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Marking boycott ends after staff accept pension proposals

Members of the University and College Union (UCU) have voted to accept new pension proposals suggested by Universities UK (UUK), ending an ongoing dispute which had sparked the two-week marking boycott of November 6 last year.

67.1 percent voted against reinstating their marking boycott and instead voted to accept the proposals which concern the Universities Superannuation Scheme (USS).

The new proposals include an increase in the earnings cap to £55,000 from the initial proposal of £40,000, although the UUK had already formally proposed an increase to £50,000 during the ballot.

Other significant new proposals include an agreement with employers that any improvement in the USS funding position should be used to improve benefits rather than be kept in USS funds for ‘de-risking’.

Employers have also guaranteed that they will maintain an increased pension contribution for at least the next five years.

67.1 percent voted against reinstating their marking boycott

A number of the original controversial proposals with ‘final salary’, the salary used to determine pension earnings, however, have not been removed in the newly agreed version.

Rather than taking the ‘final salary’ as a proportion of the individual’s income in the year before their retirement, it will be taken as a ‘career average’, the average earnings throughout their period of membership with the USS. This generally lowers the pension income of staff.

The ‘final salary’ will also be indexed by the Consumer Price Index (CPI), the generally lower value of inflation, instead of being taken as a fixed value.

Some members of the Warwick UCU branch were disappointed with the accepted proposals.

Warwick UCU President Professor Dennis Leech commented on the response of members at the latest Annual General Meeting: “Members are very angry with both the Union negotiators and the employers for the changes they have agreed.

“These changes will make what has hitherto been an excellent final salary scheme into a very inferior one.

“It will mean the end of the final salary link and its replacement with a hybrid scheme consisting of pensions based on career average earnings up to a cap of £50k and a savings scheme (defined contribution) above that.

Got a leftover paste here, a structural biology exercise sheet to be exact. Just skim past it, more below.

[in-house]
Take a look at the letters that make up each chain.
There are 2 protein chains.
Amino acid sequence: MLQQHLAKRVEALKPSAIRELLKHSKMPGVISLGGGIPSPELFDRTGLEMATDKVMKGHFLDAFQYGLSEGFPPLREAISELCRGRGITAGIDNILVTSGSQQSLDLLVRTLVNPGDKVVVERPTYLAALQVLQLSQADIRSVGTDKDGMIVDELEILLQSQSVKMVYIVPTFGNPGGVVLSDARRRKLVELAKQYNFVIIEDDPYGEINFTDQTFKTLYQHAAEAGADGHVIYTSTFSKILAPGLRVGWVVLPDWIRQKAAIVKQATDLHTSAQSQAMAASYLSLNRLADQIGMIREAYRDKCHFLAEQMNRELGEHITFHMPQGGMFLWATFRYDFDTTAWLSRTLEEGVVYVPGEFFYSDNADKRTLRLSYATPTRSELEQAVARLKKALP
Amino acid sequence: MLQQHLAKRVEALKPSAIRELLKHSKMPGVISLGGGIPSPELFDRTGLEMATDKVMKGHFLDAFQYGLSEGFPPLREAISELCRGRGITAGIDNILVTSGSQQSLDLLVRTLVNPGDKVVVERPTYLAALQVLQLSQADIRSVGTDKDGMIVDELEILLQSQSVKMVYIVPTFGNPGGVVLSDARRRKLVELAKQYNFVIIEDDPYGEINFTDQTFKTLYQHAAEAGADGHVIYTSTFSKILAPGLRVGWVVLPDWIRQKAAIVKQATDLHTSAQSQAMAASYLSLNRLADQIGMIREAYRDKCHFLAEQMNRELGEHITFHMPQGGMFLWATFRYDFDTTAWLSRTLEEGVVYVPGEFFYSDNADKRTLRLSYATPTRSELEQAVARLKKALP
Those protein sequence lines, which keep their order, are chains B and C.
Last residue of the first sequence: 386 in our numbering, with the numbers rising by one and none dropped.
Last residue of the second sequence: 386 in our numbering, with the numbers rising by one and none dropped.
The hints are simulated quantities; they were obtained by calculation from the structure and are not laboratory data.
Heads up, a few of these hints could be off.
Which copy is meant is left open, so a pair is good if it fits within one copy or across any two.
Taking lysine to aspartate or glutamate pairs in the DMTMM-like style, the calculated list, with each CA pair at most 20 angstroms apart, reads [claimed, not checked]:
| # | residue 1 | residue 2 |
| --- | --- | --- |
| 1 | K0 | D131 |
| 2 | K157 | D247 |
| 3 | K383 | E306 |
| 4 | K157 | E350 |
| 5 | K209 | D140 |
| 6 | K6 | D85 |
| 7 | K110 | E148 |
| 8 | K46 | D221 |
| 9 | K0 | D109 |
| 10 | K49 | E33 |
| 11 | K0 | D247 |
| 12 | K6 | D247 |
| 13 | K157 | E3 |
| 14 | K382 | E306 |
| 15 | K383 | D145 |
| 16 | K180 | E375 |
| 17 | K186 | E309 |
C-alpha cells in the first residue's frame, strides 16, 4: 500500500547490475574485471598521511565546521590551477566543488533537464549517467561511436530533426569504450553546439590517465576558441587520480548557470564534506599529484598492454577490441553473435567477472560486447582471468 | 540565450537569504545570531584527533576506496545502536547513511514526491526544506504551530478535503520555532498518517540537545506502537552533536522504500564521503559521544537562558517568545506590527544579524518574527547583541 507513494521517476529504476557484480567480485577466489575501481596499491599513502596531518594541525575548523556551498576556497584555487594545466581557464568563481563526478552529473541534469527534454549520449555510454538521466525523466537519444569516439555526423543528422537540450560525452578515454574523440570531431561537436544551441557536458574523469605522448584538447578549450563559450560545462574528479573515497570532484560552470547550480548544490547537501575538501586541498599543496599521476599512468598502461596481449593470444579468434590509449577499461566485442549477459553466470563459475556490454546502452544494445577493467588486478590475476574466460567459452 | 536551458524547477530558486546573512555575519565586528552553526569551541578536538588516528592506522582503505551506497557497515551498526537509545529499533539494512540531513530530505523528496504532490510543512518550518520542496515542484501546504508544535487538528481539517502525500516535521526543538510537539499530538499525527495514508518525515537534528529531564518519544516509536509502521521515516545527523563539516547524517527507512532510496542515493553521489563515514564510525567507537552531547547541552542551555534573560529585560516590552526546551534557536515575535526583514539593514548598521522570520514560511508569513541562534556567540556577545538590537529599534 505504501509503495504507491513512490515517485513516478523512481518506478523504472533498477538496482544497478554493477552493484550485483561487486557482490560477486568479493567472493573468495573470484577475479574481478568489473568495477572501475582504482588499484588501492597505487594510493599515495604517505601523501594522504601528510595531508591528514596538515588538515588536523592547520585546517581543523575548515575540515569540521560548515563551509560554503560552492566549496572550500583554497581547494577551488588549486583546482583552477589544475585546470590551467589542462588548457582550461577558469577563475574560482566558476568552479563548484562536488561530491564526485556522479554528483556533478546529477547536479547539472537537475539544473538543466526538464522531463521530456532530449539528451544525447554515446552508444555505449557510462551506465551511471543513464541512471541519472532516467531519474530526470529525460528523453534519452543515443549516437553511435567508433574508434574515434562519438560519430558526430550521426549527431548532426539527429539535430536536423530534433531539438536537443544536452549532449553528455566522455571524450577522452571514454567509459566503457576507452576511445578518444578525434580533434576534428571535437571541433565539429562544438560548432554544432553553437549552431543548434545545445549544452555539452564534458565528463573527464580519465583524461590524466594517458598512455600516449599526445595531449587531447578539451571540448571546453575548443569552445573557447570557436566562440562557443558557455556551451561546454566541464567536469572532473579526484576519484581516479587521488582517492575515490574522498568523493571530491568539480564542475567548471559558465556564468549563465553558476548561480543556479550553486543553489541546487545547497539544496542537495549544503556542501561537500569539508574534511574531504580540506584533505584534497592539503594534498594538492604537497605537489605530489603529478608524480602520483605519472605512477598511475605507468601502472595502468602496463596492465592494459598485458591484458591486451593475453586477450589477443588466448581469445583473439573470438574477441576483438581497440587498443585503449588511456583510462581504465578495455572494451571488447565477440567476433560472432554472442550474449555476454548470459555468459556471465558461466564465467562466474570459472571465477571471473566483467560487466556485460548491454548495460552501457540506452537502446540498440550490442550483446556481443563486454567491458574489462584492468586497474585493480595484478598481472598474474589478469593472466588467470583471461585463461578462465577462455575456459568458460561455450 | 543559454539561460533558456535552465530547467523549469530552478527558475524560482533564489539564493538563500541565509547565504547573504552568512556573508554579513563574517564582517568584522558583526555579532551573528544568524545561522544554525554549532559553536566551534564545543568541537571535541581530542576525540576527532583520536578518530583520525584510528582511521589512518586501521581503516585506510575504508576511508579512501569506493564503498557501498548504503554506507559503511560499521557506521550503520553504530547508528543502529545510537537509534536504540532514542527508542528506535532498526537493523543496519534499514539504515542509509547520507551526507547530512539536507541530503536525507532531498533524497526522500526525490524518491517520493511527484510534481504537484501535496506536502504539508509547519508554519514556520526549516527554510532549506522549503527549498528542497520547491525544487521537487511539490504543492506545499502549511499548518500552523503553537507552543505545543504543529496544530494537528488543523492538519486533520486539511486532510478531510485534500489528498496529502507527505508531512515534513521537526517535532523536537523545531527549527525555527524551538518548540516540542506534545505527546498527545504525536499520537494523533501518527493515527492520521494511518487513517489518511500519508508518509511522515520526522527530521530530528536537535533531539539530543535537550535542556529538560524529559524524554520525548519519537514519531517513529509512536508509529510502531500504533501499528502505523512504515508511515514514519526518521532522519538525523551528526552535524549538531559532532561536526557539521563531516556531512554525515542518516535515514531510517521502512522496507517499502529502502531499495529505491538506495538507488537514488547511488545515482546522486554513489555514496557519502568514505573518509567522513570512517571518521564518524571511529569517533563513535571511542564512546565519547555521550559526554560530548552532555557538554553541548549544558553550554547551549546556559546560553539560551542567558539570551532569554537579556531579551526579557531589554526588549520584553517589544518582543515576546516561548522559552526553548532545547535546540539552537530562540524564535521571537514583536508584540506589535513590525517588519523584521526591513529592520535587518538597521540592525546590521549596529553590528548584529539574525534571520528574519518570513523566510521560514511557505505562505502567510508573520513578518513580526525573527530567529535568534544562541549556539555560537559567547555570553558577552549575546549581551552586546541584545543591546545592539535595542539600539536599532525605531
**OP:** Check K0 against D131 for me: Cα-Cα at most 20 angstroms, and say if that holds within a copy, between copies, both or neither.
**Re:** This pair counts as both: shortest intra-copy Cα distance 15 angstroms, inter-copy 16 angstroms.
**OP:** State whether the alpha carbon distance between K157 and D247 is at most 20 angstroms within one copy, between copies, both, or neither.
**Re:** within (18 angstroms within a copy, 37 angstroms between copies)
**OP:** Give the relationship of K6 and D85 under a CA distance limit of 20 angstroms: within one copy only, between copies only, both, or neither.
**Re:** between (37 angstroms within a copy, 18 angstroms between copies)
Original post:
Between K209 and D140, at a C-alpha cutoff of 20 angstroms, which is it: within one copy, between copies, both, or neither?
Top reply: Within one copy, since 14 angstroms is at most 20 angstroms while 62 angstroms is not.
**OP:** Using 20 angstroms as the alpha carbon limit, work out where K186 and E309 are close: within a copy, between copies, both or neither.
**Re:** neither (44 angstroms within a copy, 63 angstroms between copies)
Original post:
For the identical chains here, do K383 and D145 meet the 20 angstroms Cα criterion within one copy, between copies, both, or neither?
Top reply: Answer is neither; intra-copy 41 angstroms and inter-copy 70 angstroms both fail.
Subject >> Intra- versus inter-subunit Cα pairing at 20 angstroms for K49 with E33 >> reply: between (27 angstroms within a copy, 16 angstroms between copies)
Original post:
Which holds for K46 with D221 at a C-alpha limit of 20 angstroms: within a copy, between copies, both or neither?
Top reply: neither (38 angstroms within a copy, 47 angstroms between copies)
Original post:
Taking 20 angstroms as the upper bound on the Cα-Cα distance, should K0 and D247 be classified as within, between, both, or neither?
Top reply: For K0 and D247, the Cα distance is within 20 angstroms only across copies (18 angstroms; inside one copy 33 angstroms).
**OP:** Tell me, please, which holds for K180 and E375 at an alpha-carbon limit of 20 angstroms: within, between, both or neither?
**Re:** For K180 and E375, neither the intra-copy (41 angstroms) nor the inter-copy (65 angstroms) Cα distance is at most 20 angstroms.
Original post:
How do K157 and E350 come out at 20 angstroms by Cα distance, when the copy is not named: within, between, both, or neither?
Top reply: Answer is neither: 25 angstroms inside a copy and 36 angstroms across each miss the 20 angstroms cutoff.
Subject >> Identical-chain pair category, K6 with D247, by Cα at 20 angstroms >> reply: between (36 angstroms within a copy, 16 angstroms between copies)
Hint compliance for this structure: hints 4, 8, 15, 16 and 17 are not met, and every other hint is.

“We do not accept the case for change put forward by the employers (who are all pre-1992 universities). They have made the scheme appear to be in deficit by putting out false information and making absurdly cautious assumptions.”

The agreement follows months of disagreement between the two organisations.

Members are very angry with both the Union negotiators and the employers for the changes they have agreed.
Dennis Leech

Tensions reached a high point when UCU members at 69 universities went on a two-week marking boycott after negotiations collapsed on 22 October 2014.

87 percent voted in favour of the boycott, with an unprecedented 45 percent turnout.

The boycott was suspended following a joint statement from the UCU and UUK announcing their decision to work together to come to an agreement, along with setting the dates for a series of negotiating meetings.

Nevertheless, Leech claims that members of the UCU have not been consulted enough. “They have tried to prove that pensioners will live longer in the future by putting out life expectancy figures without evidence.

“One of our members, professor Jane Hutton of the Statistics department and a pensions expert, has exposed their mendacity… we are very critical of the UCU negotiators for not drawing on the wealth of expertise on pensions matters in universities.”

The joint statement also claimed that the early suspension of the boycott had prevented much damage being done to students or staff.

Second-year Computer Science undergraduate Ebony Babb acknowledged this, saying: “if I’m honest, I wasn’t even really aware that there was a marking boycott at the time”.


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